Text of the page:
Animals: Art, Science and Sound at the British Library reveals how the intersection of science, art and sound has been instrumental in our understanding of the natural world and continues to evolve today.
From an ancient Greek papyrus detailing the mating habits of dogs to the earliest photographs of Antarctic animals and a recording of the last Kauaʻi ʻōʻō songbird, this is the first major exhibition to explore the different ways in which animals have been written about, visualised and recorded.
Journeying through darkness, water, land and air, visitors will encounter striking artworks, handwritten manuscripts, sound recordings and printed publications that speak to contemporary debates around discovery, knowledge, conservation, climate change and extinction. Each zone also includes a bespoke, atmospheric soundscape created using recordings from the Library’s sound archive.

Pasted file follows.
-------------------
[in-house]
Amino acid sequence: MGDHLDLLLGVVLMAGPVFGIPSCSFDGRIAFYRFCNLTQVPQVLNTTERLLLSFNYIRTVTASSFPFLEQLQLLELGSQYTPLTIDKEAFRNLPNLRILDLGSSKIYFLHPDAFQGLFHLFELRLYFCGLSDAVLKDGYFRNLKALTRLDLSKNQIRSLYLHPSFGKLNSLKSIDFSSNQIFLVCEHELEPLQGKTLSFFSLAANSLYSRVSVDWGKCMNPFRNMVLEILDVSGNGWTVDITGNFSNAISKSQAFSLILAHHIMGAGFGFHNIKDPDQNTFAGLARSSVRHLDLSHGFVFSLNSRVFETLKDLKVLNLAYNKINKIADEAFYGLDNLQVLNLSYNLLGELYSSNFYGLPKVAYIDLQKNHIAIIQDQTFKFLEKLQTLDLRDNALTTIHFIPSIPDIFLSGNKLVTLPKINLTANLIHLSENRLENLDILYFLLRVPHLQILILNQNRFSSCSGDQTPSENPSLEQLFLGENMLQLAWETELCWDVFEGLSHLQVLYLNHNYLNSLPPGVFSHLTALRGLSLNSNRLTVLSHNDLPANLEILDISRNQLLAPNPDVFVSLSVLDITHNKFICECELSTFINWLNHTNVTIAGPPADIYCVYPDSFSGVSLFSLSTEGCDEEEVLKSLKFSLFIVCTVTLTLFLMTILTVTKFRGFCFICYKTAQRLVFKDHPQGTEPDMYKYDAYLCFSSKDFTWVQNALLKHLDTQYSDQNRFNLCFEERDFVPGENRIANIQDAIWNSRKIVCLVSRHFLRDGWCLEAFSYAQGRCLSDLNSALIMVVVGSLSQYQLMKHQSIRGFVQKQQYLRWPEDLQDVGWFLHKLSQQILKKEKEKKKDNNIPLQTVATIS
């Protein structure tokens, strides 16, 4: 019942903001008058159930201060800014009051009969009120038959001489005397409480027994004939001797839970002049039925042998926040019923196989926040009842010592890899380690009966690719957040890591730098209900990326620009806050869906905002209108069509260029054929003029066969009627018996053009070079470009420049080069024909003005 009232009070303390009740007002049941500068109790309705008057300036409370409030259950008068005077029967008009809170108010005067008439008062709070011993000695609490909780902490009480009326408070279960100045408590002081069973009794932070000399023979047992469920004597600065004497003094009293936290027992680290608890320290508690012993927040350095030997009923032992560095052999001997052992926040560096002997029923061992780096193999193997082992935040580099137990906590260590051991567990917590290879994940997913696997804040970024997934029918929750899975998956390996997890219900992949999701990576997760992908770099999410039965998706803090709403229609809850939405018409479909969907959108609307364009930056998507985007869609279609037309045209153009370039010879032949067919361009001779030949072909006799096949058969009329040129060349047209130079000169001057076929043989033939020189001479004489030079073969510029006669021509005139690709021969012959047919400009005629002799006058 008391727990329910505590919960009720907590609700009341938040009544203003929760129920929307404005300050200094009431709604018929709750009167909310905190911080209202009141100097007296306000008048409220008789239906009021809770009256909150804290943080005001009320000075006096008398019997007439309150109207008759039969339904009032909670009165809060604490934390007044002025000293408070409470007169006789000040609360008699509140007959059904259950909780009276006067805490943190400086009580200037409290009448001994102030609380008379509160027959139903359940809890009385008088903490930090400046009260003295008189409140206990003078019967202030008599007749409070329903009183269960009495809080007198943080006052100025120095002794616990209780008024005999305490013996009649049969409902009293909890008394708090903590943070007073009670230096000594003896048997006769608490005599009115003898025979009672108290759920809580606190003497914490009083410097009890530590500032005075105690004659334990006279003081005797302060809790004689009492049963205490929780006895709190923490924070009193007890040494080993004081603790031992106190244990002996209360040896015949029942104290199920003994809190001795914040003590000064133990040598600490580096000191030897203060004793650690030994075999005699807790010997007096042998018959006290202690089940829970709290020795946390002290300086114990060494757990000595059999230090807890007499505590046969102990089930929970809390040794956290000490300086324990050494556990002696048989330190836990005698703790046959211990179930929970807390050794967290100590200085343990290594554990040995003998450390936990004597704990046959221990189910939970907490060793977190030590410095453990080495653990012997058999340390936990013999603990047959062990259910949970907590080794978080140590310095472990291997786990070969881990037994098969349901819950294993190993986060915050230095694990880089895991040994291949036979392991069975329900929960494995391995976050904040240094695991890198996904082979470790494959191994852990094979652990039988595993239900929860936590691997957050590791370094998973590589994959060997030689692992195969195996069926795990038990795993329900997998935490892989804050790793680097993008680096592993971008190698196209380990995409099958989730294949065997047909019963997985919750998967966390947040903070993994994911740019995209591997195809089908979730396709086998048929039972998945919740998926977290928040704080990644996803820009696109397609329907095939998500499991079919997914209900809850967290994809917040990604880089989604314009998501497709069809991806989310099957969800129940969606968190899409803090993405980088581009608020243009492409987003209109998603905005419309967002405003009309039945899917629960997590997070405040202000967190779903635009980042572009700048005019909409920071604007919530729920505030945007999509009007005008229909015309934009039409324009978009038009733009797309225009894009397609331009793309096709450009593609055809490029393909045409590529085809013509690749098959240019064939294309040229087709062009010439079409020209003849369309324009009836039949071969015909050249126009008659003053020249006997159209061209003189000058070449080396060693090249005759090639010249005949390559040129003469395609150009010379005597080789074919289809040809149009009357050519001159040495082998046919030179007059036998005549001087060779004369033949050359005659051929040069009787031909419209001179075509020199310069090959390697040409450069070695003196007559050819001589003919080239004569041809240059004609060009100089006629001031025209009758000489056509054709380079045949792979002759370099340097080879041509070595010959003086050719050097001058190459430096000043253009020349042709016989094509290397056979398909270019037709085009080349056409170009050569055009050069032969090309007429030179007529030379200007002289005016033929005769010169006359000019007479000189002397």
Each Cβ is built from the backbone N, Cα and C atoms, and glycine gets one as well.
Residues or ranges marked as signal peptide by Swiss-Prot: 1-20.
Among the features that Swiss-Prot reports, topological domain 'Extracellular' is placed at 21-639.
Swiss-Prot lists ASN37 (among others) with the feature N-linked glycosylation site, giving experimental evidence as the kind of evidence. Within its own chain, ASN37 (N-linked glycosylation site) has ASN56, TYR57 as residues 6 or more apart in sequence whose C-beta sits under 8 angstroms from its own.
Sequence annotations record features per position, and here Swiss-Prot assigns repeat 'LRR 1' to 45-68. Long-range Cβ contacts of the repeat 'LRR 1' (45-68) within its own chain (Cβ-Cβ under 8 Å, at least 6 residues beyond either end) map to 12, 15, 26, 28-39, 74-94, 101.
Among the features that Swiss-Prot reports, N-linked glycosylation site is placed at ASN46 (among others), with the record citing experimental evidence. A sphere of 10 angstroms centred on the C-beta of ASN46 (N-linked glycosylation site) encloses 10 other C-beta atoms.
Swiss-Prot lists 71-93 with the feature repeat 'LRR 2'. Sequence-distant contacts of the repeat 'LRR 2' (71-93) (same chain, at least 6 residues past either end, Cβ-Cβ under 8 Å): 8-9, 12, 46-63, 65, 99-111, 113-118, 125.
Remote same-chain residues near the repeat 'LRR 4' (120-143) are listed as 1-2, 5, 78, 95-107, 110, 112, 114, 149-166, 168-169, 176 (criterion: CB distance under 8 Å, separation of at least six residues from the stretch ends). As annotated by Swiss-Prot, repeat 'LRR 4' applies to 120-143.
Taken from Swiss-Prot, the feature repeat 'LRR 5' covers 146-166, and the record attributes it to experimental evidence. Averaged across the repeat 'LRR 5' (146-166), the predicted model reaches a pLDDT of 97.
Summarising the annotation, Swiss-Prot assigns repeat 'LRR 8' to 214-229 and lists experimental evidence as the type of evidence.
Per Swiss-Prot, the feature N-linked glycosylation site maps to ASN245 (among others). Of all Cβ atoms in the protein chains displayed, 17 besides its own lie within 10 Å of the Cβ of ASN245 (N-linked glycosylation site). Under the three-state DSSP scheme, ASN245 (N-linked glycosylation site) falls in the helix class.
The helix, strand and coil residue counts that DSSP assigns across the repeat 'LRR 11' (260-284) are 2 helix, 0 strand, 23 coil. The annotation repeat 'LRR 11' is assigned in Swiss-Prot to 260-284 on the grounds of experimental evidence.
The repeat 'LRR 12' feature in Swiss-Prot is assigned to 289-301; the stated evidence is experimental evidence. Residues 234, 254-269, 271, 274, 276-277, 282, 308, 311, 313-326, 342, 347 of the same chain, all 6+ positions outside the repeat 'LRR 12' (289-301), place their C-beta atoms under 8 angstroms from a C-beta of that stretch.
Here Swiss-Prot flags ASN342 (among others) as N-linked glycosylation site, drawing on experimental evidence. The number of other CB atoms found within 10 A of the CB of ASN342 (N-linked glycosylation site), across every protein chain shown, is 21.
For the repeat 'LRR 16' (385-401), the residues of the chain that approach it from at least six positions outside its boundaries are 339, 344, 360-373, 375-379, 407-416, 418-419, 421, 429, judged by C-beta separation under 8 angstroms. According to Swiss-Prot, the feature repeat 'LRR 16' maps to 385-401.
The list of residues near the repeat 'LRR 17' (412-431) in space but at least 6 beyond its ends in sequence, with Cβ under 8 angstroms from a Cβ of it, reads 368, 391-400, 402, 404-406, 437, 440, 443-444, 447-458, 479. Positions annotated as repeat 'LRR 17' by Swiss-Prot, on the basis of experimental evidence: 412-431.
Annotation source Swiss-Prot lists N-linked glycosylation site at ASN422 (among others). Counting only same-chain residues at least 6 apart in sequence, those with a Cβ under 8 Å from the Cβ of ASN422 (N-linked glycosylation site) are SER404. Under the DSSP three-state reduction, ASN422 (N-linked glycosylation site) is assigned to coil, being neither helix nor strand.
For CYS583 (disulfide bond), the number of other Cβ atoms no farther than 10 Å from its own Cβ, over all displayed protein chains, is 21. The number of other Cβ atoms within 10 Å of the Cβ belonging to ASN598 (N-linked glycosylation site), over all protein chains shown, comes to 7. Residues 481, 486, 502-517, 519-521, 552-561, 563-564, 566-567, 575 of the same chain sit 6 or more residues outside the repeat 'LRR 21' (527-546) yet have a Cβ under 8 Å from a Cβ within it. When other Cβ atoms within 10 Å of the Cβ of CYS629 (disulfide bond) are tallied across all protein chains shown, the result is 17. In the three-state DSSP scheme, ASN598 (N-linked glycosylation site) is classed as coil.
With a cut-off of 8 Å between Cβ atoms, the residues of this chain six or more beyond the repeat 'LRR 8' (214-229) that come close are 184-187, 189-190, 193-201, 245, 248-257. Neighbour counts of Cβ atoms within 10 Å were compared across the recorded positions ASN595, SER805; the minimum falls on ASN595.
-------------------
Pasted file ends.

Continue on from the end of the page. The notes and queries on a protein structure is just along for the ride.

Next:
- The earliest known illustrated Arabic scientific work documenting the characteristics of animals alongside their medical uses (c. 1223)
- The earliest use of the word ‘shark’ in printed English (1569) on public display for the first time
- One of the earliest works on the microscopic world, Micrographia (1665) by Robert Hooke, alongside three insect portraits by photographer Levon Biss (2021) recently acquired by the British Library, which use a combination of microscopy and photography to magnify specimens collected by Charles Darwin in 1836 and Alfred Russell Wallace circa 1859
- Leonardo da Vinci’s notes (1500-08) on the impact of wind on a bird in flight, on public display for the first time
- One of the rarest ichthyology publications ever produced, The Fresh-Water Fishes of Great Britain (1828-38), with hand painted illustrations by Sarah Bowdich
- One of the earliest examples of musical notation being used to represent the songs and calls of birds from 1650 by Athanasius Kircher